“Why didn’t you tell me?” Maybe I should have tried to hide my anger, but this was no time to bottle up feelings. There had been enough secret-keeping. And frankly I had a right to anger. I had a right to know how I got here. For three weeks she lied to me, and I had a right to know why. I needed her to know she had hurt me and I needed her to hurt too.
“You’re right,” she said. “I should have.” It was a quiet admission and almost pitiful enough to make me feel bad for yelling.
“Yes, you should have.” My voice was steadier, even if the words were still dripping with spite. I had no interest in assuaging her of guilt. I had too much shame, too much embarrassment pumping through me to even feign at grace. Hell, I could hardly look at her. Every time I did I just saw those big brown eyes welling up and sparkling like some impressionist autumn sunset, as disarming as the night I met her three weeks ago when she came dancing into the party with her signature mix of bristling energy and needle-sharp wit.
There were only a handful of people there and I noticed her immediately. Yes, she was petite and pretty, but so was everyone; it was a New Year’s party for tiny pretty people, two of the many reasons I did not belong. But when she opened her mouth I knew those lips held more language in them, those eyes had read more books, that skin had pressed more ink into more lined paper than anyone else in any room into which she might ever dance.
Shit. I caught myself daydreaming. How many seconds had passed in silence? I sucked in some cold to get my mind back to present. My head cleared and my temper cooled.
“So.” I gave the word the full weight of an exhaled breath. I allowed it to sink, to ebb out of reach while I gathered myself for the next part, the part that was easier to think about when I was angry but now just made me feel sick. I forced out the next few words. “You’re getting married.”
And then I turned to face her. I don’t know what I expected, maybe a confrontation, maybe apology or pleading or rationalization, something I could throw back in her face and watch her bleed. Instead, she just turned to match my stare.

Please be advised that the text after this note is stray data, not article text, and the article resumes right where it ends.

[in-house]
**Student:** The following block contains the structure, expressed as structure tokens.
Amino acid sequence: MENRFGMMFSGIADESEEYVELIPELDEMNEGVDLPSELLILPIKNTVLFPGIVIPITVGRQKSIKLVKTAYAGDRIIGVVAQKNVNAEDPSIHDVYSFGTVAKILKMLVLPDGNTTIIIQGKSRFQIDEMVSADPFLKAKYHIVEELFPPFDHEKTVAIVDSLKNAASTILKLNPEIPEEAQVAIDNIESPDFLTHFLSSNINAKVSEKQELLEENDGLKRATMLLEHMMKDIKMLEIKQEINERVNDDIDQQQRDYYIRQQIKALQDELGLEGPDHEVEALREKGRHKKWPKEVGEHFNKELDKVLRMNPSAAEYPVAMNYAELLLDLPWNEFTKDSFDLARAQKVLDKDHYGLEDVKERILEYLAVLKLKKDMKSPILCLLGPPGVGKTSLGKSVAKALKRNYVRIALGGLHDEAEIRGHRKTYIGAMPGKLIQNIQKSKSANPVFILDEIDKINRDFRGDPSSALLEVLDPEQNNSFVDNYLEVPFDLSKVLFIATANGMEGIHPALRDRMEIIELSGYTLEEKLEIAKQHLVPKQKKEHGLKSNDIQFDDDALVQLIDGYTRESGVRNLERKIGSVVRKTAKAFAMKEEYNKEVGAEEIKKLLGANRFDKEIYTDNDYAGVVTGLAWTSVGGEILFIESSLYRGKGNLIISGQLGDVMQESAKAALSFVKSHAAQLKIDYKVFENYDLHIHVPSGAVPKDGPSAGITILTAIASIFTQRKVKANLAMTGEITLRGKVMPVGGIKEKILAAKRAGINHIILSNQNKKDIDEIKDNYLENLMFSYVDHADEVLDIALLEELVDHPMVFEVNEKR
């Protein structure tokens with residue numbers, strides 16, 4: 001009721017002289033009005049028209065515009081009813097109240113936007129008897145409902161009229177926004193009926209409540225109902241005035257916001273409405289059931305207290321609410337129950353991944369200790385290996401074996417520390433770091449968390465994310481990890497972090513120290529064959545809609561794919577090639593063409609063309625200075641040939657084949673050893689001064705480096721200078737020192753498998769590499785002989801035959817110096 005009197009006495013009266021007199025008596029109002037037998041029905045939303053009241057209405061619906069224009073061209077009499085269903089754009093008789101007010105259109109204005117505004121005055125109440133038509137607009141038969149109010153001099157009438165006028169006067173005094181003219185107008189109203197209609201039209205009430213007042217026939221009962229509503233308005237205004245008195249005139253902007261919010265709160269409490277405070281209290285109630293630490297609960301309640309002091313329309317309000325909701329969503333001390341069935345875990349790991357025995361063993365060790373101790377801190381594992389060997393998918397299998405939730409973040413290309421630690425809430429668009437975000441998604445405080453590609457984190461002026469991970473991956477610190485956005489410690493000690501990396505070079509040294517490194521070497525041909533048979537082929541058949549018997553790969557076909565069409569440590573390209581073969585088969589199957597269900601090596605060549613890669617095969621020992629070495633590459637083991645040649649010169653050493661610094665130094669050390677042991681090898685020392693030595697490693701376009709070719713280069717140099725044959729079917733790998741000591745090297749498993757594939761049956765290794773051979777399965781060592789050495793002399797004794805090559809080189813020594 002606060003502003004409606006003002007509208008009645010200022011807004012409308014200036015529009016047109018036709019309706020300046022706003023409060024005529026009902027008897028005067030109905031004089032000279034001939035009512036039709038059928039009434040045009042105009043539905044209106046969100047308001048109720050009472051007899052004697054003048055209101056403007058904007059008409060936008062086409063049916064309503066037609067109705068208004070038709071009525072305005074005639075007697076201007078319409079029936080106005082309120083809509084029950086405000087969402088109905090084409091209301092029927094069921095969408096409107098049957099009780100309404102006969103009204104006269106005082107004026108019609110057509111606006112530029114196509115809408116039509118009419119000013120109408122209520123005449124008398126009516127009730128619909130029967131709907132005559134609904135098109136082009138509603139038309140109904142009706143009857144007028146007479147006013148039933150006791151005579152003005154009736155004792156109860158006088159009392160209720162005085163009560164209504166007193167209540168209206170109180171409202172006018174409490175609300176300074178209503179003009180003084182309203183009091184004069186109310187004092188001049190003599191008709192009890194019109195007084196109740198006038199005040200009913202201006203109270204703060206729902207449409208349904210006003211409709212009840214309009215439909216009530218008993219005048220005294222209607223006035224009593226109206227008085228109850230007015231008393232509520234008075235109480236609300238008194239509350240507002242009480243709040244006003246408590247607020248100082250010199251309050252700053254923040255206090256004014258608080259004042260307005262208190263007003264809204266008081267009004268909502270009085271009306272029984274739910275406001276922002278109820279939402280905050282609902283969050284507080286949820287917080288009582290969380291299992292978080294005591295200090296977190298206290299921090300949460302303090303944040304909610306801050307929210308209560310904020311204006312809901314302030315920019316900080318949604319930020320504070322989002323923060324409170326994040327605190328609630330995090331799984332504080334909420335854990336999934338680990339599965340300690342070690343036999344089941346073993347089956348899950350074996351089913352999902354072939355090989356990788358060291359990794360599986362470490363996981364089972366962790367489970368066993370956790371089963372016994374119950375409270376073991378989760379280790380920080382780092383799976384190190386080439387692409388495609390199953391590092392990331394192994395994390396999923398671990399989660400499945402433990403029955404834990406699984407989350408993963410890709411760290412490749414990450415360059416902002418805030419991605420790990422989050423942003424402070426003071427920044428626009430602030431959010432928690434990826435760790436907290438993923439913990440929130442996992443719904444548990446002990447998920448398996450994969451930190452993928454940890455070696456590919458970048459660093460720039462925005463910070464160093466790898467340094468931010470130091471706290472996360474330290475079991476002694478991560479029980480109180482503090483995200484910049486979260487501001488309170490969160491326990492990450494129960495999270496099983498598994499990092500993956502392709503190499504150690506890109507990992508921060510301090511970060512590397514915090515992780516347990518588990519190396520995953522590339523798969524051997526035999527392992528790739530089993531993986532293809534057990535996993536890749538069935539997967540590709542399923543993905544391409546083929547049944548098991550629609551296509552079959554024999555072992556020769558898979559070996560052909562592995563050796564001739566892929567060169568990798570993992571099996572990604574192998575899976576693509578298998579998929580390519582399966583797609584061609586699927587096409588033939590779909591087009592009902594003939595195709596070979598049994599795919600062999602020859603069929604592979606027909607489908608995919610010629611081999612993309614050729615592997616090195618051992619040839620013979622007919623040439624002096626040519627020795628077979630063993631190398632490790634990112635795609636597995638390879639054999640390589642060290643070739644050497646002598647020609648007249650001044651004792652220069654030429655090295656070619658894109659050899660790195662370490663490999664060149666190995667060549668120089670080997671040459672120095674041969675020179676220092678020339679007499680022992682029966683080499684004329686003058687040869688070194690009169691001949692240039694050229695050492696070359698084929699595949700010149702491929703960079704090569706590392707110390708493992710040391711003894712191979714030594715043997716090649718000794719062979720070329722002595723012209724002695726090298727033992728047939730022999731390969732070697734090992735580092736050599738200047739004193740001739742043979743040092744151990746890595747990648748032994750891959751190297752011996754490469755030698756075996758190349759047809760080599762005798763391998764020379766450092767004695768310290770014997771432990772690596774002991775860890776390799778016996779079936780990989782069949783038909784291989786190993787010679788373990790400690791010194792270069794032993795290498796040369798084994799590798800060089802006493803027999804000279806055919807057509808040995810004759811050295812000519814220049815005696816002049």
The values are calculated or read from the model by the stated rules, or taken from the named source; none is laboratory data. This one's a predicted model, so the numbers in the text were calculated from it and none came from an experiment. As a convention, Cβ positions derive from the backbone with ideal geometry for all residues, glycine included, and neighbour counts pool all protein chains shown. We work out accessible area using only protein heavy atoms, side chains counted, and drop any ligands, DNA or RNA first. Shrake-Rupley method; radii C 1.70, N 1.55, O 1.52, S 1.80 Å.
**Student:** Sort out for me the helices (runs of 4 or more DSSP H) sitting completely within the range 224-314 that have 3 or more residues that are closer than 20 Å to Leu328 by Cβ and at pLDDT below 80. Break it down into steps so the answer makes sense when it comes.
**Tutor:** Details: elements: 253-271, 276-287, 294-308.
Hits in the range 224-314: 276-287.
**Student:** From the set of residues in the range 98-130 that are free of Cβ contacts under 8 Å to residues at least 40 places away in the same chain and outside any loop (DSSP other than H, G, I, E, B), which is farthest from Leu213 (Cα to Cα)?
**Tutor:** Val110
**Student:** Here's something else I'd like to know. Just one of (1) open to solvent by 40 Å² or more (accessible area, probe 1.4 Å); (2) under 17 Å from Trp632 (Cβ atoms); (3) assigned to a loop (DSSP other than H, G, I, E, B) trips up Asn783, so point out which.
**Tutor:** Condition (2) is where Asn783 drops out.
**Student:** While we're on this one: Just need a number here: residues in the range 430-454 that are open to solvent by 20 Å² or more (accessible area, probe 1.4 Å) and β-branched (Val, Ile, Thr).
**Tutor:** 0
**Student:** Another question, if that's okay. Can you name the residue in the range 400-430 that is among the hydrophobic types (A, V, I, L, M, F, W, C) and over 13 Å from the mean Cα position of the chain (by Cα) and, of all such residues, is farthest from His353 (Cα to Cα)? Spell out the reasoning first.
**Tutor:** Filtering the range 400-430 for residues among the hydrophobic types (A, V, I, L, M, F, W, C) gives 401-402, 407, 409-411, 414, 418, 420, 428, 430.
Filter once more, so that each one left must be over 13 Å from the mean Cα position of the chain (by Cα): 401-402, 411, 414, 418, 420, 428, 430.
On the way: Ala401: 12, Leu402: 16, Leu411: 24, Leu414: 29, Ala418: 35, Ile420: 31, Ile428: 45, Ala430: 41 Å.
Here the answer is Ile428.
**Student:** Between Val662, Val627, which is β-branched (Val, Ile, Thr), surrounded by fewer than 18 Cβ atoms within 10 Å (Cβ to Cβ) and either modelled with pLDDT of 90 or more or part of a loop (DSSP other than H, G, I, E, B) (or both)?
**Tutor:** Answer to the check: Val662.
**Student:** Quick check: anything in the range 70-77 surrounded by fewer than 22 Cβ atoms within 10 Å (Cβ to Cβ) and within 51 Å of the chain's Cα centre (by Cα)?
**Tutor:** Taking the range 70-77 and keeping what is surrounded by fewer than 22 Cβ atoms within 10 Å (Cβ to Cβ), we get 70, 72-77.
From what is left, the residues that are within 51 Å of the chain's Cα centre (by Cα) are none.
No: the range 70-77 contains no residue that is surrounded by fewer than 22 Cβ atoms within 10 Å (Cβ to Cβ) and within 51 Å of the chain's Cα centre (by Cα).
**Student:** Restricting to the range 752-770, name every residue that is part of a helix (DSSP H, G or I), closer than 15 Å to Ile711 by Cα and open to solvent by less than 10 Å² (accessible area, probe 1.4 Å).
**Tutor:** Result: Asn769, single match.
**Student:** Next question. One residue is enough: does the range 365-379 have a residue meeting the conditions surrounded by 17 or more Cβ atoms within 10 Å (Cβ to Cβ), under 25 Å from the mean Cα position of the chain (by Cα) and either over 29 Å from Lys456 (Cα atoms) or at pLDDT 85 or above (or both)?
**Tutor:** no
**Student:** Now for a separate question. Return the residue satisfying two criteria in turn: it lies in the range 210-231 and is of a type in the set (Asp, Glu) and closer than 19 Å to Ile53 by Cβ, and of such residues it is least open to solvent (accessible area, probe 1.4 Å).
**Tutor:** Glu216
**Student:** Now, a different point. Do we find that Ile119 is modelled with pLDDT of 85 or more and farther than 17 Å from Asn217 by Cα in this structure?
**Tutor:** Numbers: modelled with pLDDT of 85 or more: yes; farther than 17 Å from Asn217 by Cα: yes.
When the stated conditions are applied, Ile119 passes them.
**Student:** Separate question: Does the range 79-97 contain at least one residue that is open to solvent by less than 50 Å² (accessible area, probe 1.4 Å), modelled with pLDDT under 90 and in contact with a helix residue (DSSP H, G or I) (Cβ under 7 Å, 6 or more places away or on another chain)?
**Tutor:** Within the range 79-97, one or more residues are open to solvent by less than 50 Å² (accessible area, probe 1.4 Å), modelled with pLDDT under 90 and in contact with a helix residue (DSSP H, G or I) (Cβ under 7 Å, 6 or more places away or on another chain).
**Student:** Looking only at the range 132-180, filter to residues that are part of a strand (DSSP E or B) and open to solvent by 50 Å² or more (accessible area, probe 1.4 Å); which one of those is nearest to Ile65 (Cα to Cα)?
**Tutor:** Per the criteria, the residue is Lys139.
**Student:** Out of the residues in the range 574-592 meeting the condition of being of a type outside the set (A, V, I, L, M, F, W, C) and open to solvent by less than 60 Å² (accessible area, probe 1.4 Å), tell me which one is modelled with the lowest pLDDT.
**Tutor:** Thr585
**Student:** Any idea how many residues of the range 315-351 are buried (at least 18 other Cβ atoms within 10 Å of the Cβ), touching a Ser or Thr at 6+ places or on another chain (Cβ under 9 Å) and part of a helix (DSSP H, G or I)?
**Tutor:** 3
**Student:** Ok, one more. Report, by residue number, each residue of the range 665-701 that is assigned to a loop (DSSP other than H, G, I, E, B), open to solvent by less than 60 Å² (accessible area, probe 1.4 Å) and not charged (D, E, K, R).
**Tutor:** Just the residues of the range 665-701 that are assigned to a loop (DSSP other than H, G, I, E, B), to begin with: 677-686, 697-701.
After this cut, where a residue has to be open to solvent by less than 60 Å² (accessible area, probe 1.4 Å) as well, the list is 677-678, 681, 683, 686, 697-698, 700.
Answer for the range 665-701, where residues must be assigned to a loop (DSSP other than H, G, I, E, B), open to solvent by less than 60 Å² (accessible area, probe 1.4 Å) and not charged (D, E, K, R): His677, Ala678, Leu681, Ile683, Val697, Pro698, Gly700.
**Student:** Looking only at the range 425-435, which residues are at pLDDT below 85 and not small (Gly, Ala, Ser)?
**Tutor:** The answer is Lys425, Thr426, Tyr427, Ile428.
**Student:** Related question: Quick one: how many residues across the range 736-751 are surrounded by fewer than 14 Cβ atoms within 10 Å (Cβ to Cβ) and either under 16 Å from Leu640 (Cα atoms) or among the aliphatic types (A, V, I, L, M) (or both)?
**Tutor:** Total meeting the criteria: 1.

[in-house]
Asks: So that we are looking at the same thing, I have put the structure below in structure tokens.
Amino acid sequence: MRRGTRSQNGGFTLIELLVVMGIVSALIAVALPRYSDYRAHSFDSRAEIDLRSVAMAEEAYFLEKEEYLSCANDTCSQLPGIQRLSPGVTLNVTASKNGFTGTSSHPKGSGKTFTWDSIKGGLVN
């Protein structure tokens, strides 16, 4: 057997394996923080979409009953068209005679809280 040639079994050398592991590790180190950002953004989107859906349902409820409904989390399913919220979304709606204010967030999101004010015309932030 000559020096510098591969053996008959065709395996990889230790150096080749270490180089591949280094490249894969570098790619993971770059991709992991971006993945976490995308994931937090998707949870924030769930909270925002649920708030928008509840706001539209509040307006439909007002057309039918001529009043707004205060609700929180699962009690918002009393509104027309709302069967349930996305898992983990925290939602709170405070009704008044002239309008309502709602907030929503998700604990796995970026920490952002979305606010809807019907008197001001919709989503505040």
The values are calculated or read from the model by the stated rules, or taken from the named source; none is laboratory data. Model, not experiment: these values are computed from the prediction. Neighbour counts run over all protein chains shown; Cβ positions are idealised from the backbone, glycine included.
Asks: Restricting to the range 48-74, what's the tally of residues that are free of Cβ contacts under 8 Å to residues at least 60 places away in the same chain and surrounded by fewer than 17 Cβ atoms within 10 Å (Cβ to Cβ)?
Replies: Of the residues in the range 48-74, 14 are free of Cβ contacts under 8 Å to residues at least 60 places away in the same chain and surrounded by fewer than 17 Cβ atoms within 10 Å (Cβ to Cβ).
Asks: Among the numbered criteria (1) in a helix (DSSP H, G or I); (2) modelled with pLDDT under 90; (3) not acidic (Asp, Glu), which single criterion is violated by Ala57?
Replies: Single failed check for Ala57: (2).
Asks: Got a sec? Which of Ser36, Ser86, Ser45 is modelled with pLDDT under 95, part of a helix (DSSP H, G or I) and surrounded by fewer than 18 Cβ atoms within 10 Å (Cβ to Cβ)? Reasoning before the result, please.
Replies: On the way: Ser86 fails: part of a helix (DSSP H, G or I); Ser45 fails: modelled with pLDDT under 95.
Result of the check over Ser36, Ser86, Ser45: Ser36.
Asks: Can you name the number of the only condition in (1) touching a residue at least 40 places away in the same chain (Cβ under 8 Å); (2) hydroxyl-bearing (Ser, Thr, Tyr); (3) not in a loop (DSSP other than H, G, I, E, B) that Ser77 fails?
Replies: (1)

“Yes.” She responded, not quietly and not loud, just firm, and simple. Her eyebrows lifted, wrinkling her smooth skin into lines of concern. And then I saw it. There, in her eyes that were still somehow welling up but hadn’t yet let loose a tear—there was the pain.
She was hurting. And immediately I wished she wasn’t. I got what I wanted and I didn’t even want it anymore. Is this how catharsis is supposed to go? Wasn’t I supposed to get some sort of satisfaction, or at least some vindication? I knew only one question mattered.
“Do you love him?”
I nodded, and sighed, and relaxed, and looked back over the trees and the snow. I supposed it was time to finish this off with some dignity.
“It’s fine,” I said in a light, level tone. I hoped it sounded flippant, like I was commenting on the weather. “Neither of us expected this. It was a mistake, and we just need to—” but then she cut me short.
“No,” she said, raising her voice for the first time. “Not a mistake. This was not a mistake.”
I looked at her, and though I could still see the pain in her eyes I could see something else, something in her balled up fists and clenched jaw, something fighting to the surface and aimed right at me. I honestly couldn’t tell if I was about to be kissed passionately or pummeled.